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04. PART 1 IdentityServer4 ASP.NET Core Identity .NET Core 3.1

You can find the project here.

What is ASP.NET Core Identity

The official explanation from Microsoft docs is: “ASP.NET Core Identity is a membership system that adds login functionality to ASP.NET Core apps. Users can create an account with the login information stored in Identity or they can use an external login provider.” and “Identity can be configured using a SQL Server database to store user names, passwords, and profile data.”.

So it is a membership system that takes care of members (another word for users) and it is used by ASP.NET Core apps (what we are building). Users can create local accounts stored in Identity (another name for user store) or can use any external provider like Google, Okta, Microsoft, Facebook, etc. User data can be persisted to a standard SQL database (which we already have). ASP.NET Identity standardizes user store with structure (tables) and methods to manipulate the store. For example to create a new user account, just invoke a method. It will validate the data and store it in a database. To log in, just invoke a login method, it will validate the password (for a local login) and return a valid response.

To set or change the password, just invoke a method and the password will get hashed and stored in the database. So a user store is a set of business logic contained in the methods that operate on data storage. The data structure of user tables is standardized so one day when ASP.NET Core is updated it will be easy to reuse existing tables or run a migration to another storage if needed.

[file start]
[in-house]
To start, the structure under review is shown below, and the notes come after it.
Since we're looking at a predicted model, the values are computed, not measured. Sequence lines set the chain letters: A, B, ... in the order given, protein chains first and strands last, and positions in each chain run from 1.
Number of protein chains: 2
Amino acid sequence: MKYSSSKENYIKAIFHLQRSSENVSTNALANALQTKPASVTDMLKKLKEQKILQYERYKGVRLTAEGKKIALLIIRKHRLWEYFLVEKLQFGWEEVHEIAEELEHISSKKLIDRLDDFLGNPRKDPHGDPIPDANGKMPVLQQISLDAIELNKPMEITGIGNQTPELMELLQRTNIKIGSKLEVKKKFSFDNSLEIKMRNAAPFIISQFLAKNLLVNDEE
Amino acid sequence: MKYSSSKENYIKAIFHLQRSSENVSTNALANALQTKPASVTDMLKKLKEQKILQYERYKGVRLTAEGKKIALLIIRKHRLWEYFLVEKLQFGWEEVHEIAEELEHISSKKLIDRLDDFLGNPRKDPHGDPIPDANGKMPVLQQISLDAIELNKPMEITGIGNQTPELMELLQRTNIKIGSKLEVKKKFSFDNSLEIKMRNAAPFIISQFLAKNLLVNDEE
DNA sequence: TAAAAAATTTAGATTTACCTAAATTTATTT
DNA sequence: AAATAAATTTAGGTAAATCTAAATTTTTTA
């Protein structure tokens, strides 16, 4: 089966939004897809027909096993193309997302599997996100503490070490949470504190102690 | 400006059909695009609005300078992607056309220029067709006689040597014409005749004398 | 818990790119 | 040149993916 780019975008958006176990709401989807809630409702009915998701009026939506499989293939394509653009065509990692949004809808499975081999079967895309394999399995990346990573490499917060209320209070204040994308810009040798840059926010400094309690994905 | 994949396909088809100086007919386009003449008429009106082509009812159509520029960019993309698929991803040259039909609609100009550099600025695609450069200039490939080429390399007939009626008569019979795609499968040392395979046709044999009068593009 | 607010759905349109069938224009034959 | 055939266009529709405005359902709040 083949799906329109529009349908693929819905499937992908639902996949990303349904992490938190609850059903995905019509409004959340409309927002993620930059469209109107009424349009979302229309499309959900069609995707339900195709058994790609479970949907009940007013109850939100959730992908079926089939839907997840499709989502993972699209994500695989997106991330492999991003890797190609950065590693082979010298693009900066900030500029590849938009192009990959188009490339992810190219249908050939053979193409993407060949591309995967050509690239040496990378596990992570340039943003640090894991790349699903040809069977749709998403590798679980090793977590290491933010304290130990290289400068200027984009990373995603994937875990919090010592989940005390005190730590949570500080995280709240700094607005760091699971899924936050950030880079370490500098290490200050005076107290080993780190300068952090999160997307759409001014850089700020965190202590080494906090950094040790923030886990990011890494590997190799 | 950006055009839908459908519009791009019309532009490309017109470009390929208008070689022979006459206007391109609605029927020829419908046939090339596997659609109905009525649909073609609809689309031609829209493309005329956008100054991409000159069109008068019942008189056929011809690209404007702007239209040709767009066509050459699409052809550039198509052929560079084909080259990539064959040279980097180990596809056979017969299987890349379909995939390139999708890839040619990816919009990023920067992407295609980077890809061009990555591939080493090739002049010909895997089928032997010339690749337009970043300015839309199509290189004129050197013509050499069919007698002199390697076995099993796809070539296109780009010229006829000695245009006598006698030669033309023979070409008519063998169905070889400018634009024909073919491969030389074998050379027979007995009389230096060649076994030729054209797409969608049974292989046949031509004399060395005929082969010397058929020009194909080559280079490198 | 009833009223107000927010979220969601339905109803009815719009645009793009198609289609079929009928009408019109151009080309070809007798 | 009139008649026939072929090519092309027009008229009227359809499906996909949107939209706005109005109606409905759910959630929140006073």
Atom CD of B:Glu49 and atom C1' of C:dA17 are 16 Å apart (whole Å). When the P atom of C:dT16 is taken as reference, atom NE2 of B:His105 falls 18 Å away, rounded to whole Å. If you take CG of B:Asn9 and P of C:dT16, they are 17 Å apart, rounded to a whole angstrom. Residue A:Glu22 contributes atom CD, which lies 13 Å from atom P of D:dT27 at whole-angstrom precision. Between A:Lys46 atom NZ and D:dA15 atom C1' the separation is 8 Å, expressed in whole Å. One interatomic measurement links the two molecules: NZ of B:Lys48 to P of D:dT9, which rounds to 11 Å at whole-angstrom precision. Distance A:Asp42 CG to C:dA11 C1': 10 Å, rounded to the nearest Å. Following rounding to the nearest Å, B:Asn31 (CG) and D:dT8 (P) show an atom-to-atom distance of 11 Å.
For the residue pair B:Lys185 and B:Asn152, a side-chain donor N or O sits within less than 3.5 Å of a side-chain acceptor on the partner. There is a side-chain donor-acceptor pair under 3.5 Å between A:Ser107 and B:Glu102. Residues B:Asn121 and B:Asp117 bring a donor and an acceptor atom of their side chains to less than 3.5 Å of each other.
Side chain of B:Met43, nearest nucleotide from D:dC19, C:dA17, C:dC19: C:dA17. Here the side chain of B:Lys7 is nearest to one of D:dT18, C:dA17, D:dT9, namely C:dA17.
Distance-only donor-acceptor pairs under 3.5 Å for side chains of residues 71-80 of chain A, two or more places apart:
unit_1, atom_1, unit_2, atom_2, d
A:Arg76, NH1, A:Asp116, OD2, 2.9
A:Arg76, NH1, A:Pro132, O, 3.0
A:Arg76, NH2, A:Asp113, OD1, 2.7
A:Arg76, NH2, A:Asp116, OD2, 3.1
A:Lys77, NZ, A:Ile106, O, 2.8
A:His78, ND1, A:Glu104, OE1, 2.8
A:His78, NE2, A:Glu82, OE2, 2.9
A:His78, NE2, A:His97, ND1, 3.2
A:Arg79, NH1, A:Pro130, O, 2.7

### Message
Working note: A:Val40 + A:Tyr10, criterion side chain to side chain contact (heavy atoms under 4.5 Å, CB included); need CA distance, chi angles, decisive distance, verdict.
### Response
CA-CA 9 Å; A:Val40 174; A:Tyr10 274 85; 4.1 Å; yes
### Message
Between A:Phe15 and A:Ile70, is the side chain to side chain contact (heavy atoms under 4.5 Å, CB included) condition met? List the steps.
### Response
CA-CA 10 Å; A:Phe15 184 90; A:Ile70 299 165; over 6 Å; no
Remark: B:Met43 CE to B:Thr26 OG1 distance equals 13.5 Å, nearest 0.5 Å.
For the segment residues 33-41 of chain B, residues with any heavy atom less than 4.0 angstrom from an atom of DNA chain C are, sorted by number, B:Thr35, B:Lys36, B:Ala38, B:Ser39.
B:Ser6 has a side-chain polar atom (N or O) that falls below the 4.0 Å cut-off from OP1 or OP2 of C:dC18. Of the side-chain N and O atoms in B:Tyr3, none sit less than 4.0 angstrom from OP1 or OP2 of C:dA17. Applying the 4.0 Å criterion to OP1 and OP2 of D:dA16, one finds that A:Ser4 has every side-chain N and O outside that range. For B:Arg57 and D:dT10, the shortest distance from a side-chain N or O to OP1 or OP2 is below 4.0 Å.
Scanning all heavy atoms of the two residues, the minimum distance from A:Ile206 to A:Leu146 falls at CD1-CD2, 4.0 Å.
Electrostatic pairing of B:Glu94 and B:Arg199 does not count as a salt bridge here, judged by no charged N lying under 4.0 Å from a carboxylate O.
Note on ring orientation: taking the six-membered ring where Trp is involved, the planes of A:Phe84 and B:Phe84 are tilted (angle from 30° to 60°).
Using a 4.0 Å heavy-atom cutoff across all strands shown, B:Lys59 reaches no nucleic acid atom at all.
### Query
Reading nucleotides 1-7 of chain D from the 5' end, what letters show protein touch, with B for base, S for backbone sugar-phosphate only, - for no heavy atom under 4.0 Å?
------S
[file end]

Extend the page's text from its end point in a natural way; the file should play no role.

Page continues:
This is opposite to a custom user store where the data structure is custom so manual migration must be performed. Sometimes migration is not even possible because the password hashing algorithm used in the old and new store is different and there is no way to extract the plain text password from hashes and re-hash it. Business logic contained in methods for the ASP.NET Identity user store is tested, security standards are validated and are pretty much stable and secure as you can get it. It doesn’t cover all scenarios but it’s really easy to extend it as shown in one of my next tutorials where we will add a custom property to a user.

 

Why do we even need ASP.NET Core Identity?

We need it because IdentityServer4 doesn’t care about the users. It handles token generation, token endpoints, discovery endpoint, OAuth2 and OIDC protocols, clients, scopes, all the important bits except for the users. In order to get our Identity Server to start caring about the users (local and external), we should provide it with a user store.

ASP.NET Identity is a good match as it’s a mature system for user management that is used by all ASP.NET applications, .net core and .net framework. You can use ASP.NET Core Identity without IdentityServer4 to authenticate single application but you lose the ability to create an Identity Provider (IdP) which is a whole point of these tutorials to have an SSO provider for all apps and not redo the auth for each app individually.

 

Code changes in order to implement ASP.NET Core Identity

Note: I will continue on the previous “02. IdentityServer4 EntityFramework” tutorial using the MSSQL server. For good people following the PostgreSQL tutorial all the steps that will be laid out in this tutorial are pretty much the same except you will use “UseNpgsql” instead of “UseSqlServer” extension method.

Note 2: When we start doing scaffolding some CSS styles are going to be overwritten that will make IdentityServer4 look a bit weird and out of place. I suggest keeping a copy of “wwwroot/css” folder so you can overwrite the changes later on. Specific files that we need are “site.less”, “site.css” and “site.min.css”.